When Texas Wesleyan University president Frederick Slabach spoke during the school’s Athletic Hall of Fame banquet Friday night, he noted that athletes “learn lessons because of their time In sports.”
The department inducted six honorees. Each gave an induction speech in which they referenced sporting achievements. Golfer Ian Leggatt, now a golf commentator in his native Canada, talked about playing on the PGA Tour. Ben Hunt talked about the game-winning shot he hit to give the Rams their first NAIA basketball title. Table tennis icon Jasna Rather talked about the support she’d received as an athlete and a coach.
But it was also clear that the support they received from athletics went way beyond their sports. Basketball player Sam Morrow talked of how the qualities athletics instilled in her proved a driving force in overcoming breast cancer. Hunt referenced how what he learned at Wesleyan helped him achieve a life dream, not just a basketball dream, by playing professionally in his native Australia.
Most notably, Mike Krsnak teared up when talking about Bobby Cornett, his golf coach at TWU. Cornett, who has been a part of multiple NAIA national titles in men’s golf at the school, missed the event due to health issues. Rather also spoke about how Cornett helped start the university’s program in her sport, and how grateful she was to him for that. Leggatt said he would not have played on the PGA Tour if not for the influence of Cornett. The coach, he said, “taught me about respect for the game, respect for my teammates.” He also taught him that “desire, dedication, and hard work will always defeat talent.” Those sorts of lessons go way beyond learning to hit a golf ball long and straight.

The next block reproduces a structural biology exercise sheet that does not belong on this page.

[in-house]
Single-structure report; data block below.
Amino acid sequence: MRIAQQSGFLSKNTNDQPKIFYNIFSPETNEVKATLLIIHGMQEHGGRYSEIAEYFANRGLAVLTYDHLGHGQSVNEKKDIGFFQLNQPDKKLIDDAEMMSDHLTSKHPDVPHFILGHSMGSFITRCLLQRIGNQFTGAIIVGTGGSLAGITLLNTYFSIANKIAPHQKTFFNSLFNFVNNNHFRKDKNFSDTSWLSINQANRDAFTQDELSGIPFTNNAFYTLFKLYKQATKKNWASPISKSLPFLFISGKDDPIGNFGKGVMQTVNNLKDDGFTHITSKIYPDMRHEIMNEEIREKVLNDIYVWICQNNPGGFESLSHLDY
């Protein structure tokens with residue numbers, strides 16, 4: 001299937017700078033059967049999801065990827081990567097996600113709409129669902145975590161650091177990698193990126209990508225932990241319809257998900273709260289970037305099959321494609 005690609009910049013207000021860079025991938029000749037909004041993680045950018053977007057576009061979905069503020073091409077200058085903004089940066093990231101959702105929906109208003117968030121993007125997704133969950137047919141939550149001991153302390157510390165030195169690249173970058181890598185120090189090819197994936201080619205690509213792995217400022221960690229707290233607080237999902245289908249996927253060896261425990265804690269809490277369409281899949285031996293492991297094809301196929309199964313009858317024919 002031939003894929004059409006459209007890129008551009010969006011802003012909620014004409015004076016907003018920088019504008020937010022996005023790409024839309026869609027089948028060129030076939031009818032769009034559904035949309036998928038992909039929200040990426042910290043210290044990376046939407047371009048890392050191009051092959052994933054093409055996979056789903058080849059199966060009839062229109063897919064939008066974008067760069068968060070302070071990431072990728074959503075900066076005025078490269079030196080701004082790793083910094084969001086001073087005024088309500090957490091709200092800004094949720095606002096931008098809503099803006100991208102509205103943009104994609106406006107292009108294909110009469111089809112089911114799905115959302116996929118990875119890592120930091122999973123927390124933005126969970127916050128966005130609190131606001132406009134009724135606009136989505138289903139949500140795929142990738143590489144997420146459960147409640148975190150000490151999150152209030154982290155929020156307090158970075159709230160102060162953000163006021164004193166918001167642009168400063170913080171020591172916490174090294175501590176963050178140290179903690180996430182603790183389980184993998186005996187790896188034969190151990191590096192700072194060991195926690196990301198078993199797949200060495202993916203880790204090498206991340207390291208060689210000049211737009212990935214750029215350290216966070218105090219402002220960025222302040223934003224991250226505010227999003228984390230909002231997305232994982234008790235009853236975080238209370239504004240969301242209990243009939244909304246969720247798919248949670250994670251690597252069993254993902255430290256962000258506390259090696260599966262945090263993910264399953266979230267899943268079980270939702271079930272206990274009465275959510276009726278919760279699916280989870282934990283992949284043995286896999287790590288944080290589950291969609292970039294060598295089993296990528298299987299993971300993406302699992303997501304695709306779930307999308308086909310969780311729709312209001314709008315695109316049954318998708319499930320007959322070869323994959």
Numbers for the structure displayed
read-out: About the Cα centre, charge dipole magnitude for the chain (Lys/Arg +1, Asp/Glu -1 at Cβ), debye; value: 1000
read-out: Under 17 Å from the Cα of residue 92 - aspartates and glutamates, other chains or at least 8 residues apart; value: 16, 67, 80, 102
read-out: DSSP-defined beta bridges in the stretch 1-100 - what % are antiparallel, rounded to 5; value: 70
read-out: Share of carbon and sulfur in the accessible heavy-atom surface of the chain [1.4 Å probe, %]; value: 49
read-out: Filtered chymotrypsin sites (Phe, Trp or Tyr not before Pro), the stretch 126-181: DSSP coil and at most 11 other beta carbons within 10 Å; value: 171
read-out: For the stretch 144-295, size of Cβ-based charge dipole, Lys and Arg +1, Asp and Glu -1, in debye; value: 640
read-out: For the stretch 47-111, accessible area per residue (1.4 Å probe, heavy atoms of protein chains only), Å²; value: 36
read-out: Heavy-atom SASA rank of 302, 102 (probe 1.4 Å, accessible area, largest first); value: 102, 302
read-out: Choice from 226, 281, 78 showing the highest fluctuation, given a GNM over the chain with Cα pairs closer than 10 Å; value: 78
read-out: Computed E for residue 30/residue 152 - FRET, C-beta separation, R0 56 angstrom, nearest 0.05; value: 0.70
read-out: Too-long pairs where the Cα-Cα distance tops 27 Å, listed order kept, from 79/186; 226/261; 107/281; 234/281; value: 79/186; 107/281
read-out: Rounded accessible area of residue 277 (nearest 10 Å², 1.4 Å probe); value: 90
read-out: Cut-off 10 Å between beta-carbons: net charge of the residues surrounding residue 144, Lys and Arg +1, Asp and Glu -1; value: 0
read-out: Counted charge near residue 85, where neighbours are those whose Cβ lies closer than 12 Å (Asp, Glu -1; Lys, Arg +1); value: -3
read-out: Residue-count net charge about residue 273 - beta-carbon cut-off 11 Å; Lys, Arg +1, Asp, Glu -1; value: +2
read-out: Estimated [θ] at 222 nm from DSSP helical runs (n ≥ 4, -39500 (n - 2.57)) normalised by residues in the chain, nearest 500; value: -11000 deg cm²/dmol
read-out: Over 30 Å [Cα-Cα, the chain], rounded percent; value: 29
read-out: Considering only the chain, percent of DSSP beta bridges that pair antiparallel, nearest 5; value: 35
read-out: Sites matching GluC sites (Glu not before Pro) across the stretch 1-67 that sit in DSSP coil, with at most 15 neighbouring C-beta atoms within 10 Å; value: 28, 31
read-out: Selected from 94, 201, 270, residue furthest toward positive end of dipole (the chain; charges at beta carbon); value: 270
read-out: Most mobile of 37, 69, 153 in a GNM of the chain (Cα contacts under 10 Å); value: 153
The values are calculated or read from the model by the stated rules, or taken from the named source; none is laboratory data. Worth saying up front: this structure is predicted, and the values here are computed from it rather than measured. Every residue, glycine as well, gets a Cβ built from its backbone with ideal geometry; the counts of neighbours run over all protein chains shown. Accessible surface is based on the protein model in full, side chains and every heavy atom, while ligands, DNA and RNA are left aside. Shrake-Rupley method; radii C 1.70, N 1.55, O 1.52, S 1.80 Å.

Rather encapsulated how sports are worth more than wins and losses when she suggested that the night’s honor meant more to her than her Olympic medals. She said it was because of family – her husband and daughter who were there that night and her work family at Texas Wesleyan.
The highlight of the evening for me came when former Wesleyan baseball coach Larry Smith acknowledged the man who had hired him at Wesleyan as the “best athletic director” for whom he ever worked. I happened to be sitting next to that former AD, because he’s my father, Ed Olson. I grew up crawling and running across TWU’s (then called TWC) gyms, courts, and fields and I remember my dad coaching or supporting the school’s teams. The main priority of “Pops” (as my sister and I call him) or “Doc” (as his players called him) sounded a lot like what President Slabach said. Ed Olson worked hard to make sure the rest of the faculty and staff understood the positive role intercollegiate athletics and physical education could play for the students they were developing. And not just for men – he coached the first women’s basketball and volleyball teams there. I know, because I was at those games trying to get my mom to buy me a candy bar at halftime.
Somehow those experiences ended up with me finding a career in sports. But even for those who don’t become blog writers or pro basketball players or golf media hosts, the athletic experience can be valuable. I was pleased to see that the school where I spent so much of my youth still recognizes it.